Stacie Murray was trained as a chef, so by all common assumption, whipping up a five-star meal should be easy for the Oregon native.
But there’s been one small (er, major) catch to her 15-year culinary career: she’s spent it in some of the planet’s most remote and inhospitable places.Murray, now the owner of one-pot, freeze-dried backpacking meal company Hungry Hikers, was the head chef for some of the world’s most off-the-grid research field stations in Antarctica, Greenland, Russia and the South Pacific. And feeding teams of hungry scientists with limited resources in harsh conditions was no easy task.
“In Antarctica, it’s a six-day boat ride across one of the roughest crossings in the world, the Drake Passage,” she explains of the food supply logistics she had to grapple with during her career. “Our provisions go on a cold, wet and bouncy ride. By the time our produce and provisions arrive, expiration dates become ‘suggestion dates.'”
And yet, Murray was able to cook up satisfying and delicious meals that rival what we can come up with during a weekend camping trip.
Here, Murray’s field-tested tips for making any camp meal seriously delicious.
Give freeze-dried a chanceGot a weekend backpacking trip on the horizon? Skip heavy cans of beans and bulky packages of rice in favor of lightweight, freeze-dried alternatives, which have improved drastically in taste and texture from their chalky, bland predecessors.
“The meats [and vegetables] are flavorful and rehydrate to look and taste like they were just freshly cooked,” says Murray of her Hungry Hikers products, which include fare like southwestern egg scrambles and curry dinners. “You can also add freeze-fried sauces to any meal and make it taste gourmet.”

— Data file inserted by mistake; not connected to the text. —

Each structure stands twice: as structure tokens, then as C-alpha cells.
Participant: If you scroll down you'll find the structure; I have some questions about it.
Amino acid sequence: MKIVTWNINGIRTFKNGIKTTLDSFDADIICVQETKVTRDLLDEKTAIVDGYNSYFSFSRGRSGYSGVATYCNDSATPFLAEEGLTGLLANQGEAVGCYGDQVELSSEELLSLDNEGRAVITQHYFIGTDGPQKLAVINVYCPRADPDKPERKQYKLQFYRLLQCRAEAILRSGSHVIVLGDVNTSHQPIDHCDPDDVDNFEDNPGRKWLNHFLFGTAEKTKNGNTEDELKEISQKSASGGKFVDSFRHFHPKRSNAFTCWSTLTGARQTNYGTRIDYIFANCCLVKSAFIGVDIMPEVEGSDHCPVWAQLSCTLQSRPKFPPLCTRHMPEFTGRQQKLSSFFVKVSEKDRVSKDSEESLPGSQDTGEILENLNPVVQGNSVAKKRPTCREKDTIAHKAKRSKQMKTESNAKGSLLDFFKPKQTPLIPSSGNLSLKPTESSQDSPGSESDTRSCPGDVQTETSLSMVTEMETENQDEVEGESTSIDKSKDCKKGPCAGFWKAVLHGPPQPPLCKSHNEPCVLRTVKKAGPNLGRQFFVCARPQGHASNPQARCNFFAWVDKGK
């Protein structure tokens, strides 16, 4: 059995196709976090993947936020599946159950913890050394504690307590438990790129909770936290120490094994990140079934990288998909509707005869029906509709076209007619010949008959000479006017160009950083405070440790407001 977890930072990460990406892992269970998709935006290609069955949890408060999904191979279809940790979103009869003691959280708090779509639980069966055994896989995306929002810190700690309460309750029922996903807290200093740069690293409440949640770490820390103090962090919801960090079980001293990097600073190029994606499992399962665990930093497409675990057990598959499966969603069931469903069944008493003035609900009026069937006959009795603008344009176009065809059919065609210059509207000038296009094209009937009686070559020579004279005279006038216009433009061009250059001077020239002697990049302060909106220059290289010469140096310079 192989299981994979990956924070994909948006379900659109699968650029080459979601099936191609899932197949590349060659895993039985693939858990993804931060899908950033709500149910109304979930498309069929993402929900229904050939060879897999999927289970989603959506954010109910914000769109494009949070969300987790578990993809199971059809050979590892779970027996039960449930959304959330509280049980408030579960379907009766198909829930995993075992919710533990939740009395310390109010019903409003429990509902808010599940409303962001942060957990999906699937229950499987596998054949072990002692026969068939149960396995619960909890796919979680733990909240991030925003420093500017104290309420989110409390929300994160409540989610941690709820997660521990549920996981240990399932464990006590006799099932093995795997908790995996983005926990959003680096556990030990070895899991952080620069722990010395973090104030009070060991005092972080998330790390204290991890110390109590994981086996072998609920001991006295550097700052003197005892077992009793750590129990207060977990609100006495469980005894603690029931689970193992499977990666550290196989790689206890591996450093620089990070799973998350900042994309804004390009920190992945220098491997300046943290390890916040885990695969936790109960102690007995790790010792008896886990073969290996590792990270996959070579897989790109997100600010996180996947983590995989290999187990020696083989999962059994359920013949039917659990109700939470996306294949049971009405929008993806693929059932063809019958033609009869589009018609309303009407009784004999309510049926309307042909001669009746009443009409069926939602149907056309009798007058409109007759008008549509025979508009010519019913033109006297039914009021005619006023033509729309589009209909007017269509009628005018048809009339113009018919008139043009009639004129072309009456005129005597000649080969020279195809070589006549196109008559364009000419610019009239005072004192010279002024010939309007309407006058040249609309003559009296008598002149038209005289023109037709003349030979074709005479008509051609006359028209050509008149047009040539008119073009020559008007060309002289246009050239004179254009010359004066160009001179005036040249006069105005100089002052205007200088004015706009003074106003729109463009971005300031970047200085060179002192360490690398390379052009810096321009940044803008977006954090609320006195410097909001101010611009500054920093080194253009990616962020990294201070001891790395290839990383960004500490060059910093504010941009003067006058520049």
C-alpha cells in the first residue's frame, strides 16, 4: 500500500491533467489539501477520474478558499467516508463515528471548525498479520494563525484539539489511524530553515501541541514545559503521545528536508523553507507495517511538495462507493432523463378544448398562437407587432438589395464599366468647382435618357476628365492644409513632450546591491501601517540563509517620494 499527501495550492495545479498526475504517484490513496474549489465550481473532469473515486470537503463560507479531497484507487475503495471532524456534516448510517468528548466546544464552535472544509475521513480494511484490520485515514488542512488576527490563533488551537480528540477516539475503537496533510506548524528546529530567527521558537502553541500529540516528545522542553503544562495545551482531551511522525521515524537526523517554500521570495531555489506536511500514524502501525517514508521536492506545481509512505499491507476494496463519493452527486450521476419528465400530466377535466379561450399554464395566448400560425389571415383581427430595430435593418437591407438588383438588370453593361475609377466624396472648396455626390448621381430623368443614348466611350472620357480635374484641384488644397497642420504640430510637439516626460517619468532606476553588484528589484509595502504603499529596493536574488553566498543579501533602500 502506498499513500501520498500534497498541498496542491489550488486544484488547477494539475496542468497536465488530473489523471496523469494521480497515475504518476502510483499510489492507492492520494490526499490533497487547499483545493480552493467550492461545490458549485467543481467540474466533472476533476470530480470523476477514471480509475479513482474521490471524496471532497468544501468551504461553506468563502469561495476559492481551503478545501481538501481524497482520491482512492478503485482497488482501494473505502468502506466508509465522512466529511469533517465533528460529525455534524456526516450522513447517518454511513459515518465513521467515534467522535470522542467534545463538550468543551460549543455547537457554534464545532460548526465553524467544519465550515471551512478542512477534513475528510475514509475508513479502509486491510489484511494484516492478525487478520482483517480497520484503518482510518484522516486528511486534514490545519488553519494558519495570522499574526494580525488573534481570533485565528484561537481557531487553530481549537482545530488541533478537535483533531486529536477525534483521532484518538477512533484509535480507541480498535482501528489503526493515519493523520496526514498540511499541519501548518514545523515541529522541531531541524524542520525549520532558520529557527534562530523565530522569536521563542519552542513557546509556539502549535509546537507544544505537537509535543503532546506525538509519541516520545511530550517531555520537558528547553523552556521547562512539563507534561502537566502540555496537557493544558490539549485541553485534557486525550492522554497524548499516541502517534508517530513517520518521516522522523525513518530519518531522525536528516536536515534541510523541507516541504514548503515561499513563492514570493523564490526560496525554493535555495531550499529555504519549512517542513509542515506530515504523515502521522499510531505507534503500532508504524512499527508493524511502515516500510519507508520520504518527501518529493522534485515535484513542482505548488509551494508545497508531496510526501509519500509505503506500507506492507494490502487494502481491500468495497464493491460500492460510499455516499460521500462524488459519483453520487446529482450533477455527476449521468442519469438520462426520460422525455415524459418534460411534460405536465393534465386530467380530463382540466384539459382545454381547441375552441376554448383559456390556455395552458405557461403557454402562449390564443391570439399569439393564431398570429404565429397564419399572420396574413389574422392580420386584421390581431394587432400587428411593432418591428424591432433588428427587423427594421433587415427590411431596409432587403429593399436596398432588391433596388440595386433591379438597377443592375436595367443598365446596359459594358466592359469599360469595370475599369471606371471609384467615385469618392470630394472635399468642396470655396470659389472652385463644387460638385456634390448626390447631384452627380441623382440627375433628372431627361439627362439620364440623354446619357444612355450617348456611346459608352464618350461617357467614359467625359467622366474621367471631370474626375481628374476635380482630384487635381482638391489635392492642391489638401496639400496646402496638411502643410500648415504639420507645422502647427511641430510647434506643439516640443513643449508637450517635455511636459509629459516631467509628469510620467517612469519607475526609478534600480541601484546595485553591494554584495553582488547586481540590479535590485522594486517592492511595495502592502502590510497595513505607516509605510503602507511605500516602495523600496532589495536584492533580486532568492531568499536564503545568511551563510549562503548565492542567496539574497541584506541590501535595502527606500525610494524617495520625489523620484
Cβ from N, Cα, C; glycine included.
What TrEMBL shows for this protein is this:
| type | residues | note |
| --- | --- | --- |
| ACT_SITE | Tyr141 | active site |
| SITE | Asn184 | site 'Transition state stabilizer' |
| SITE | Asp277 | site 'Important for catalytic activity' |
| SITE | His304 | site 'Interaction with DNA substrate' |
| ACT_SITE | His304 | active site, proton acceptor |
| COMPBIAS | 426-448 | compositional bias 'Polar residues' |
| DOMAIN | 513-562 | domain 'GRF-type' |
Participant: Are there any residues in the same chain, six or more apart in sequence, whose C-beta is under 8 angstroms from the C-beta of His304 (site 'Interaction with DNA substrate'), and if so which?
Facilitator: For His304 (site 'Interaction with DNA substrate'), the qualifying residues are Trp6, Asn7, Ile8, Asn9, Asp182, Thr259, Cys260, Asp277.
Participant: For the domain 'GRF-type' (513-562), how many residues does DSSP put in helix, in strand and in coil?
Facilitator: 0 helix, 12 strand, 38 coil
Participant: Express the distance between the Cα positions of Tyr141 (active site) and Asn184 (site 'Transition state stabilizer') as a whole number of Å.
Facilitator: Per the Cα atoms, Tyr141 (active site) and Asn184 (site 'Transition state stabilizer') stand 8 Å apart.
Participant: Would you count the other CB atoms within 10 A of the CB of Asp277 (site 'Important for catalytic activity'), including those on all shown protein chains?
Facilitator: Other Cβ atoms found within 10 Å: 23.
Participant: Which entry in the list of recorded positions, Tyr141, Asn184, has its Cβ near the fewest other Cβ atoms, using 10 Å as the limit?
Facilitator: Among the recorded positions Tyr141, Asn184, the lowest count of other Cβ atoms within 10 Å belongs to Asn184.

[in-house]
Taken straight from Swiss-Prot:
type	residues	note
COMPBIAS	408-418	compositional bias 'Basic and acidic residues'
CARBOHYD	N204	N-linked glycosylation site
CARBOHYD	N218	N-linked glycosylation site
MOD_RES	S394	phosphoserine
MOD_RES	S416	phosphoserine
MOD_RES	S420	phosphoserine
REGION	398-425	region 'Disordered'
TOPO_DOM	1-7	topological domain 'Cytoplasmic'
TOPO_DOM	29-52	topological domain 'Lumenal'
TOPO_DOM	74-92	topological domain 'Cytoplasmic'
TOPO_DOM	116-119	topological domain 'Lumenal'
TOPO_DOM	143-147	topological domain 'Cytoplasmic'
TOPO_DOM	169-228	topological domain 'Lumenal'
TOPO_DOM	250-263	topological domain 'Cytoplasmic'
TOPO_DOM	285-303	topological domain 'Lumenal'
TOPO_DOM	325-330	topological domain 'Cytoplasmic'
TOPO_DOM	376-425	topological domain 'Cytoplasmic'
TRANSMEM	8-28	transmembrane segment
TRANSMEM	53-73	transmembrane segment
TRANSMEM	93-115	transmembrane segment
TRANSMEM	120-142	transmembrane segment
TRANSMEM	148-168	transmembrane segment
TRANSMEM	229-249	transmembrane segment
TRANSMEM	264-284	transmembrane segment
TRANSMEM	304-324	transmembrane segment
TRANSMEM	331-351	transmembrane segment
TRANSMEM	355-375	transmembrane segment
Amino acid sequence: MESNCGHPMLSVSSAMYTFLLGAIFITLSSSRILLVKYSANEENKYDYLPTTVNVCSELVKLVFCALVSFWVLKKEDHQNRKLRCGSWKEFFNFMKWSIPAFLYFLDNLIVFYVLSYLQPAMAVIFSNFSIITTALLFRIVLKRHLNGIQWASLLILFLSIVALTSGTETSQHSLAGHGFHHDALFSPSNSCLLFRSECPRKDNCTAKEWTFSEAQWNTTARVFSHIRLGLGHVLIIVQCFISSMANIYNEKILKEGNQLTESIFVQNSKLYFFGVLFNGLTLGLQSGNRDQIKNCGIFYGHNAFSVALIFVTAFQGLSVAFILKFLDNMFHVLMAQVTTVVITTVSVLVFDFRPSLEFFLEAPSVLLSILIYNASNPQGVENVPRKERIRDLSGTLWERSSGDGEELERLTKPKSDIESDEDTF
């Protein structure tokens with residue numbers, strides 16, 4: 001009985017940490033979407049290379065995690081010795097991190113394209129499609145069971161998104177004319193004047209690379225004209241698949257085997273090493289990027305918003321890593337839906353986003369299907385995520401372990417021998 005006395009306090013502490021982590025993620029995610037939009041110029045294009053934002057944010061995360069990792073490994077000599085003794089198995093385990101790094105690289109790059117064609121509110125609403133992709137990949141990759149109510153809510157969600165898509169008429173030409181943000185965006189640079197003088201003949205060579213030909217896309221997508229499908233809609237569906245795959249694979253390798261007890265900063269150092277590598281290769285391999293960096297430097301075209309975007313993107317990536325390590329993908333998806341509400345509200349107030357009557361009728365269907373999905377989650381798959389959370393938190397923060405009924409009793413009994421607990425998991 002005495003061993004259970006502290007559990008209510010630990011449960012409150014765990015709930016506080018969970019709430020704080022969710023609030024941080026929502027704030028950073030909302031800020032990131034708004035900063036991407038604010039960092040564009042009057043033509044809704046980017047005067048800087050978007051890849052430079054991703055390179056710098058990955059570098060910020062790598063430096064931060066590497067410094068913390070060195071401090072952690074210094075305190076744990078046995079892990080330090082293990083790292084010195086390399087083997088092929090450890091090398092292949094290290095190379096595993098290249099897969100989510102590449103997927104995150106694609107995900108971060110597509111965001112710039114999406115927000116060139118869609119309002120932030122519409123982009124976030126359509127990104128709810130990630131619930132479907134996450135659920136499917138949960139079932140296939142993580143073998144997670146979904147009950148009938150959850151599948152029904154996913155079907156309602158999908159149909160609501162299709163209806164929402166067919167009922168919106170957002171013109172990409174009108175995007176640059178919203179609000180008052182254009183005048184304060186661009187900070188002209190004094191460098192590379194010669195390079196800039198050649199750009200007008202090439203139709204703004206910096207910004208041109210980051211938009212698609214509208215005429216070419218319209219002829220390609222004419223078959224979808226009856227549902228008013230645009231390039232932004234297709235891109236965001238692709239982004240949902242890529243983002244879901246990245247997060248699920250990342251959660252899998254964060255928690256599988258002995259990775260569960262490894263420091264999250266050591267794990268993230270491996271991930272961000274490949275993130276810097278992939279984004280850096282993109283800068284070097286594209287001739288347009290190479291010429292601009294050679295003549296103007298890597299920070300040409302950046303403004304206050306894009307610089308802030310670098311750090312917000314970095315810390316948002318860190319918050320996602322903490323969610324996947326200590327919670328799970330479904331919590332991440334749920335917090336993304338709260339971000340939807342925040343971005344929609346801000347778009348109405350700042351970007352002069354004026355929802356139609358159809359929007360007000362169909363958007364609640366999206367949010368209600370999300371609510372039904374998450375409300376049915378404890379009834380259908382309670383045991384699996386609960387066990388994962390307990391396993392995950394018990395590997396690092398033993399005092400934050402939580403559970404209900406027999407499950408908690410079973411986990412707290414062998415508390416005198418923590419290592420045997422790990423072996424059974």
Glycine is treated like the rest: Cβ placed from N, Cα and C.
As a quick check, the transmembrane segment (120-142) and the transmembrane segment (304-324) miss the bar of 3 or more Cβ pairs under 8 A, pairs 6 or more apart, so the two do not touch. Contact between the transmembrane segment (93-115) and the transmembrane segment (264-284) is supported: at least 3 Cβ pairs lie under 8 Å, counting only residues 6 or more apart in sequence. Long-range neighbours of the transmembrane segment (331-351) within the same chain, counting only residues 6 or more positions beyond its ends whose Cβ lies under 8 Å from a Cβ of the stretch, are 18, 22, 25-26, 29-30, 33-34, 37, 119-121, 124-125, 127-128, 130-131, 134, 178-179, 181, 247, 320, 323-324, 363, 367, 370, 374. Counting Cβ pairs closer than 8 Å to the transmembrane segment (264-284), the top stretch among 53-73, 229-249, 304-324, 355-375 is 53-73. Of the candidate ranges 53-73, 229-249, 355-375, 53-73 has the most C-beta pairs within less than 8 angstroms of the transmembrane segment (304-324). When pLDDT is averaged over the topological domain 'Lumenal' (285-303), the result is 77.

The wash-free wonderDon’t feel like dirtying up a pan? “I’m a big fan of cooking in tin foil,” says Murray. Chop up vegetables and meats, season with oil or butter and a few spices and place the ingredients in the center of a sheet of tin foil.
Wrap up the sides to seal everything in the foil, then toss on a grate over a campfire to cook until tender
“When you first open it up, you get that wonderful puff of steam full of delicious smells and your meal is all laid out in front of you.” Murray loves using this technique with freshly caught fish cooked with lemon and herbs and corn on the cob.
BYOS (Bring Your Own Sauces)
A full-size ketchup bottle is probably not going to fly when you’re limited on storage space. But a touch of sweet chili, BBQ and tomato sauce can really amp up the flavor of day-old hot dogs and spaghetti.
The solution? “You can find just about any sauce you want in a small ‘ketchup packet’ size online at Minimus.biz,” says Murray.
The one-two protein punchClocking some long miles on the trail? You’ll need to replenish your protein.
Of course, GORP (hiker slang for “good old raisins and peanuts”) and beef jerky are staples of the backpacker’s on-the-go pantry, but Murray swears by freeze-dried peanut butter to add protein and flavor to any of your planned meals.
“Nothing beats the real thing,” she’s quick to remind us, “but this makes any meal instantly ‘gourmet.’ It’s compact and light, and this is why you take it along. Add it to rice noodles or sprinkle it over your morning oatmeal in its powdered form.”
Spice as nice
“Just because you are camping out doesn’t mean you have to sacrifice flavor,” says Murray. Use plastic Ziploc snack bags to pack up some of your favorite spices from home into “travel size” containers when you’re out on the trail.
“Make your own spice blends, like Italian, curry and southwest,” suggests Murray, who relies on the “Trail Trinity” to make any camp meal delicious. Curry: “It warms the belly and adds flavor, not heat.” Tarragon: “It adds subtle sweetness and can be paired with just about anything.” Smoked paprika: “It’s a rich, smoky and fragrant spice. People will be all over you for your secret ingredient,” she ays
Measure, mix and seal into the Ziploc baggies for each of your meals.
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